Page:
No items found.

Everything you need to know about backcountry camping, according to backpackers

While camping, hiking and biking are popular activities, if you really want to connect with nature and get away from your day-to-day, there’s nothing like backcountry camping and backpacking.

If you’re yearning for the seclusion of backpacking but don’t know where to start, there’s no need to worry. We talked to experts to find out everything you need to know and bring when going backcountry camping.

What is backcountry camping?

Backcountry campsites are kept more natural and only have room for a very small number of campers. They lack public facilities like restrooms and showers, but those willing to do the work to reach them are rewarded with sweet solitude. And that “work” doesn’t always have to require hours of hiking. There are many backcountry campsites that are just a five- to 15-minute walk from the car. But if you like the sound of a trek through the woods, there are countless trails and sites to explore if you’re willing to leave you car behind and strap everything you need onto your back.

“Backpacking allows you to cover significantly more ground than day-hiking, so I highly recommend backpacking to anyone who wants to see more beautiful sights,” says Ashleigh McClary a Gearhead at Backcountry. However, it does take more planning than traditional car camping, as you’ll need to figure out where you’re going and what to bring. “You should try to make sure to have a balance of everything you need and nothing extra that you don’t need,” McClary says. “New backpackers often bring too much on their trips and get weighed down with heavy gear.”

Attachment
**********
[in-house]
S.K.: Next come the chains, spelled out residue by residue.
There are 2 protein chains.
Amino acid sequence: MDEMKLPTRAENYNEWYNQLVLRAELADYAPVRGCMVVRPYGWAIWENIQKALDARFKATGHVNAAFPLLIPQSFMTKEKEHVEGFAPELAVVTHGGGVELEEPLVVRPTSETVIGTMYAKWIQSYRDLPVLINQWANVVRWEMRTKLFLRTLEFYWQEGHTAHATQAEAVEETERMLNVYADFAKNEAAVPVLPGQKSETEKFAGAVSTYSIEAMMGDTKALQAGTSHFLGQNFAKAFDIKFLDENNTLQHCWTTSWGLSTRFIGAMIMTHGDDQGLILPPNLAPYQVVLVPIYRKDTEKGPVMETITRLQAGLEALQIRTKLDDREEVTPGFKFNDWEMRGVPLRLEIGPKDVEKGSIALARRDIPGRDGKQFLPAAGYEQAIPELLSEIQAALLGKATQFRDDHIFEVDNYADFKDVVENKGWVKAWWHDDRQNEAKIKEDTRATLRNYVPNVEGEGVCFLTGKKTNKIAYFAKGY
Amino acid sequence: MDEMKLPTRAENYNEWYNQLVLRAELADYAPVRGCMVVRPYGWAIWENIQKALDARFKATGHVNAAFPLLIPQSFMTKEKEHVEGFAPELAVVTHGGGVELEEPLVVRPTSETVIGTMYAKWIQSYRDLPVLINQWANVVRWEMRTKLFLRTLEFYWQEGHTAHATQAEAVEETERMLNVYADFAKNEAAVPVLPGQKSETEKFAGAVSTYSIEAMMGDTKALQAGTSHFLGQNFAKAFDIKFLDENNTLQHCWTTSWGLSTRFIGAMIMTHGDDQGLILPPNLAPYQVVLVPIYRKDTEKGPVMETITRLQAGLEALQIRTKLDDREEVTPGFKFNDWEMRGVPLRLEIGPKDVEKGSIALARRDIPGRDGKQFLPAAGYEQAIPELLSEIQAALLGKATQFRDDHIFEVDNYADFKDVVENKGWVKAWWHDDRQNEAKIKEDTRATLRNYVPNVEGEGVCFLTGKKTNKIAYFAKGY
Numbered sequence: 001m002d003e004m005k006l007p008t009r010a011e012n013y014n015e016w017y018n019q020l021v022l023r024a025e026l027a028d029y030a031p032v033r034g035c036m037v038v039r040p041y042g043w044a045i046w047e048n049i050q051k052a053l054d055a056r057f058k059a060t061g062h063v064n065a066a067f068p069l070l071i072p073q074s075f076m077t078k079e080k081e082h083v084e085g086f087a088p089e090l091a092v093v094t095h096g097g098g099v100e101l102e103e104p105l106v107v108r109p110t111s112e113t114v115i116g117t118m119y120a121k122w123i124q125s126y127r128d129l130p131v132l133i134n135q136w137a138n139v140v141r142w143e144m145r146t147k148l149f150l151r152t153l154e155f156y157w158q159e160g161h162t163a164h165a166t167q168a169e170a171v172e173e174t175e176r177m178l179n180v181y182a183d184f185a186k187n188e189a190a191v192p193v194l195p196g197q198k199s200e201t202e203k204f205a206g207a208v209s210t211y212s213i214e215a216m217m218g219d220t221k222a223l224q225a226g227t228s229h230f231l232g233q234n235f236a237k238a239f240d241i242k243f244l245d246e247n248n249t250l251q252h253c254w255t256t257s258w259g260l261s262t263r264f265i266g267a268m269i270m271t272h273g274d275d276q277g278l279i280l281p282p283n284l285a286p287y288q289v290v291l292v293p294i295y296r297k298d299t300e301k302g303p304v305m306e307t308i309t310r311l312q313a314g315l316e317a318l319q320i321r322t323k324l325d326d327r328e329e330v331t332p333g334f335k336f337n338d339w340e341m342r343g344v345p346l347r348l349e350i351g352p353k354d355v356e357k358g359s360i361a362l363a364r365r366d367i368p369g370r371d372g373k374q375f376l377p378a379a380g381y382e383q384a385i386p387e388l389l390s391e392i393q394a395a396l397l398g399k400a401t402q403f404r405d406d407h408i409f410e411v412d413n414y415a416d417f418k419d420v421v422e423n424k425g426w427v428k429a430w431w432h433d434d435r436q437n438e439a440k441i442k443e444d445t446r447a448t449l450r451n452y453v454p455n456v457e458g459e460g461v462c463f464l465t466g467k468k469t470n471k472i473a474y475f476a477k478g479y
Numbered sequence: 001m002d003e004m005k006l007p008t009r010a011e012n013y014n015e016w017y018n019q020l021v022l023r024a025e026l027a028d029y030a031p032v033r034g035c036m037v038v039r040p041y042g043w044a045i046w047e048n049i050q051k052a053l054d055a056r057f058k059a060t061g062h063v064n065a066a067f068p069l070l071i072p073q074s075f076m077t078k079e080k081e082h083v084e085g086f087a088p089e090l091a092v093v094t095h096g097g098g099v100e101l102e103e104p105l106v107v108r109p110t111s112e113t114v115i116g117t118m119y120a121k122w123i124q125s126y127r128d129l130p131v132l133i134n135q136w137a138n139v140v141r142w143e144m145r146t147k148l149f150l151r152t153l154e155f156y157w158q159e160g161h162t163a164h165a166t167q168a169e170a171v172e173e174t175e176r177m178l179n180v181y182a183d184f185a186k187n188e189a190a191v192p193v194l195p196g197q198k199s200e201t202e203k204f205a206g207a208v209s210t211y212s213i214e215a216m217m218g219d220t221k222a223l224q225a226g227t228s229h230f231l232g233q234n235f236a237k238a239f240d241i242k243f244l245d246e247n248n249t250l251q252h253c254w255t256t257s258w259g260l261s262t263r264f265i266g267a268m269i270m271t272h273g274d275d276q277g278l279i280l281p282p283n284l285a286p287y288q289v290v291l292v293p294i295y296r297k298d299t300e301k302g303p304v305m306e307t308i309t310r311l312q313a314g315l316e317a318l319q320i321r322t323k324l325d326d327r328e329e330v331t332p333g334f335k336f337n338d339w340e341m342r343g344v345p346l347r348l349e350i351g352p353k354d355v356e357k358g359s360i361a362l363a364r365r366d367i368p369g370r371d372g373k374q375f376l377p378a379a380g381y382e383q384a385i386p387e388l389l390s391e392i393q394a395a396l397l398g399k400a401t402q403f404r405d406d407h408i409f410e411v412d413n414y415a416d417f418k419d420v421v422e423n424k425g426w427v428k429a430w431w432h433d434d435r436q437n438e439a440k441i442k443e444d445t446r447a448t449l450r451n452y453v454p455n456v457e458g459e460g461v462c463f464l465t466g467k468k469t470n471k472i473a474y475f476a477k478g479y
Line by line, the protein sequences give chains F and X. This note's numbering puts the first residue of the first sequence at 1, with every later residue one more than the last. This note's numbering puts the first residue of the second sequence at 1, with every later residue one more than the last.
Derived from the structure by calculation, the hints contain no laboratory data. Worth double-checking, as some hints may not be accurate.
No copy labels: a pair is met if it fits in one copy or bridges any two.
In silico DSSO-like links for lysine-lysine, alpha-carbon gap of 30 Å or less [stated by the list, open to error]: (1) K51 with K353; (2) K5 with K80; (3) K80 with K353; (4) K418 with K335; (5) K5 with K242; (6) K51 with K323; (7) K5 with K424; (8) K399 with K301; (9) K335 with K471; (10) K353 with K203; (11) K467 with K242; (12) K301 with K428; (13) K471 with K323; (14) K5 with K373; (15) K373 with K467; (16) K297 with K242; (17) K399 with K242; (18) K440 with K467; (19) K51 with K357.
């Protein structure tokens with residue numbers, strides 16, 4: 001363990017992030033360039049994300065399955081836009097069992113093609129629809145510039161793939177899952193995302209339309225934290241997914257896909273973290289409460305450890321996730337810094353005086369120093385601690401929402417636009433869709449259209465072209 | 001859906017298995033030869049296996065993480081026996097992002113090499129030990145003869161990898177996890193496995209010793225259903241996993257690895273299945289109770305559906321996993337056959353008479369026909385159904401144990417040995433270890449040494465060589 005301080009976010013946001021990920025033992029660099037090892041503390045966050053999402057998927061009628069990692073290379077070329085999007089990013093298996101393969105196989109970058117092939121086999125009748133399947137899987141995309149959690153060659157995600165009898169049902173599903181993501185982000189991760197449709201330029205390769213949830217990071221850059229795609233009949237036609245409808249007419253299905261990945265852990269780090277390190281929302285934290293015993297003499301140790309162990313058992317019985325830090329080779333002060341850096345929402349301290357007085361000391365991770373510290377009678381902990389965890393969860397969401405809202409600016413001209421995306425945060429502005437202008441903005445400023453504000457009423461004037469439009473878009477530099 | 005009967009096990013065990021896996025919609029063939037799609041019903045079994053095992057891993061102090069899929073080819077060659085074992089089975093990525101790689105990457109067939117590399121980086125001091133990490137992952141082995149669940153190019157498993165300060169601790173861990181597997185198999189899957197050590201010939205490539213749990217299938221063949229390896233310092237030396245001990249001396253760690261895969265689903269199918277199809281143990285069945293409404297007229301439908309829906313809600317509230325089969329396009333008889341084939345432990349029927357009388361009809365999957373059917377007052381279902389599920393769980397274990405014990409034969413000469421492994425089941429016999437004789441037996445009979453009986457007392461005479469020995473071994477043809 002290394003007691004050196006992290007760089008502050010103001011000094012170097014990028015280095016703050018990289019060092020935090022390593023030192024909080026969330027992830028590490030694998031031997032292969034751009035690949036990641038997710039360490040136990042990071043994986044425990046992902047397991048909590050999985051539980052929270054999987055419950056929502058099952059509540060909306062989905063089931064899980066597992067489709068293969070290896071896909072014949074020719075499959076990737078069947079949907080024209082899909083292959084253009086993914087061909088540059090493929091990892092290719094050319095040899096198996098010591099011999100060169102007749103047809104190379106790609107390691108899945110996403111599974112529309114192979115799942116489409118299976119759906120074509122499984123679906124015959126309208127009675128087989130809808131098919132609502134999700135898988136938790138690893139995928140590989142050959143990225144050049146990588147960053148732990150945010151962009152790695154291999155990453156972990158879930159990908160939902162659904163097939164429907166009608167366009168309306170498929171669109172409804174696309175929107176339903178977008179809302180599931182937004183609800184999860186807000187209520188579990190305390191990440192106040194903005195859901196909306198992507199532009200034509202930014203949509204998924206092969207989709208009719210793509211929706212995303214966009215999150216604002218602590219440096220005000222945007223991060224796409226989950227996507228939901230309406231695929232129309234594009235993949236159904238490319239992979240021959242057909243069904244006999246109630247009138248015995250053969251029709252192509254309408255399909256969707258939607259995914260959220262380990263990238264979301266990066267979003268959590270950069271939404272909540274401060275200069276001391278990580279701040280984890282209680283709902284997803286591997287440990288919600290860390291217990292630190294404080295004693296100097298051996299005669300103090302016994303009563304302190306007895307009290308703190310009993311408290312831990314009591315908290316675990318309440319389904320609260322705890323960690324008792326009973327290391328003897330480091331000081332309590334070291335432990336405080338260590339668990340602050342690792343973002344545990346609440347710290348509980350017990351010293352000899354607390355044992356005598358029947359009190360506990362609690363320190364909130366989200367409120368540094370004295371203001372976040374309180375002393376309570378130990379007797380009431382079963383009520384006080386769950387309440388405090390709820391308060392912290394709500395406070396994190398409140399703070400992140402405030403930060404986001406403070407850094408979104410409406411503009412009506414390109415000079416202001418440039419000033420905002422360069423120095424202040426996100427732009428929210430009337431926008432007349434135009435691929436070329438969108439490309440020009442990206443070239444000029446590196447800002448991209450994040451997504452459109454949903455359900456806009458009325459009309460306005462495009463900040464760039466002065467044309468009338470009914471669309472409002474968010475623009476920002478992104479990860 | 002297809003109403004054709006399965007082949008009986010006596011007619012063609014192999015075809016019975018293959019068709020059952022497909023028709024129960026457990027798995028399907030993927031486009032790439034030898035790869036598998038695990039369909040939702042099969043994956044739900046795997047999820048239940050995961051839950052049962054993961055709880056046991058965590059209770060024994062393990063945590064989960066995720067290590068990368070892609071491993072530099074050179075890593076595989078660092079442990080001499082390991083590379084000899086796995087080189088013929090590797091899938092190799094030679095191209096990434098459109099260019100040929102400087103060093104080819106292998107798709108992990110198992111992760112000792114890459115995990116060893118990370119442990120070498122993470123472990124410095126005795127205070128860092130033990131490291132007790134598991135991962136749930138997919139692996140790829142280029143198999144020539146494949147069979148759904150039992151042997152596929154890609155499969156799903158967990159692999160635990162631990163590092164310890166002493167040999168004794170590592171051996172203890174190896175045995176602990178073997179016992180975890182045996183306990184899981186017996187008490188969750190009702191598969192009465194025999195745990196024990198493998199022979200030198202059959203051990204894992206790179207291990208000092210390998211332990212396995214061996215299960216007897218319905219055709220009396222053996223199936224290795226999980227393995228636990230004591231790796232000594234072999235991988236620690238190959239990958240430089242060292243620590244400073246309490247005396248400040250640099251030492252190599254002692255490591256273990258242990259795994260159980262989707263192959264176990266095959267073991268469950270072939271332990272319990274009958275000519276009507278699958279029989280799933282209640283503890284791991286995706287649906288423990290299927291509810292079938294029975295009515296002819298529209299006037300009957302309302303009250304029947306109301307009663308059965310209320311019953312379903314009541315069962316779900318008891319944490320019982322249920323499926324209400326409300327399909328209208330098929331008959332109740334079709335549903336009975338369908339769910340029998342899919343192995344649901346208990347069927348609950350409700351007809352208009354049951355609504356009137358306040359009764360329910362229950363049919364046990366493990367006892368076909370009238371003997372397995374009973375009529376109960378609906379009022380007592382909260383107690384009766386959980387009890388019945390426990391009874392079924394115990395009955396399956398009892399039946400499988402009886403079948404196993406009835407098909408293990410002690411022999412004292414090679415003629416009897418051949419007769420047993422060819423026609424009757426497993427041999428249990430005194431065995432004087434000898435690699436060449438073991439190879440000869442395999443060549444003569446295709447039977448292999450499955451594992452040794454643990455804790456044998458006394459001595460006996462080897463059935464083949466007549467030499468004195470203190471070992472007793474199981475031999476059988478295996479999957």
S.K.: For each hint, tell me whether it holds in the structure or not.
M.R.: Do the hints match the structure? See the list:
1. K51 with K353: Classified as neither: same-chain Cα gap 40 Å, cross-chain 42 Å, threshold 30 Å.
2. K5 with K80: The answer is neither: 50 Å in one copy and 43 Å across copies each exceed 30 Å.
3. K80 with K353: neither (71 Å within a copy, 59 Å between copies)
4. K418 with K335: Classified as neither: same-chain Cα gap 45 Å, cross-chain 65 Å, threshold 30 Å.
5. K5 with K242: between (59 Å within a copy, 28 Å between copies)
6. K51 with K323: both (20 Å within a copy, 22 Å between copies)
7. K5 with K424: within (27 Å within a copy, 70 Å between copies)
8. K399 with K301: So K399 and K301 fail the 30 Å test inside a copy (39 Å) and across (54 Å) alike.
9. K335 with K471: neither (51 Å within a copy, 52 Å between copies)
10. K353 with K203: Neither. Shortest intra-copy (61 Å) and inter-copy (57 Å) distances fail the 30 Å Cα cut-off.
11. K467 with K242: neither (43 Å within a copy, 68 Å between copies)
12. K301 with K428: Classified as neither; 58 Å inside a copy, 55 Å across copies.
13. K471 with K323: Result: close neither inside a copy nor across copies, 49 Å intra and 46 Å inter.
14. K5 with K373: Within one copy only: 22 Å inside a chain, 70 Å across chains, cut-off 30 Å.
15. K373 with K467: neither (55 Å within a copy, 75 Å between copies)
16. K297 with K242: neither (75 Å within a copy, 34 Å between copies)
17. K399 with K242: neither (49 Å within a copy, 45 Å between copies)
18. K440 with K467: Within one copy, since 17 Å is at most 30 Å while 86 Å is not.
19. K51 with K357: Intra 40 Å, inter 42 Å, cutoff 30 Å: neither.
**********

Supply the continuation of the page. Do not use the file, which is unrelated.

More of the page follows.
Interested in learning more? Find the complete article on everything you need to know about backcountry camping written by Matt Haines and Kai Burkhardt here.

LAST UPDATED

October 30, 2023

Written by
Photo thumbnail Blog Author

CNN

Media Mentions from CNN

Instant breaking news alerts and the most talked about stories.

Explore More Content

Media Mentions

Sawyer Insect Repellent is a versatile picaridin spray recommended by the Center for Disease Control (CDC) as safe and effective for most people. Our testers liked the evaporating smell and how the spray feels once it dries.

Media Mentions

Insects and arachnids that bite in self-defense instead of to feed -- such as yellow jackets, bees, wasps, hornets, certain ants or spiders -- cannot be repelled with insect repellents.

Drugs.com
Media Mentions from Drugs.com

Media Mentions

The number of bug-borne diseases is increasing, according to the Centers for Disease Control and Prevention. And the number of places they're spreading to is also on the rise.

WXYZ Detroit 7
Media Mentions from WXYZ Detroit 7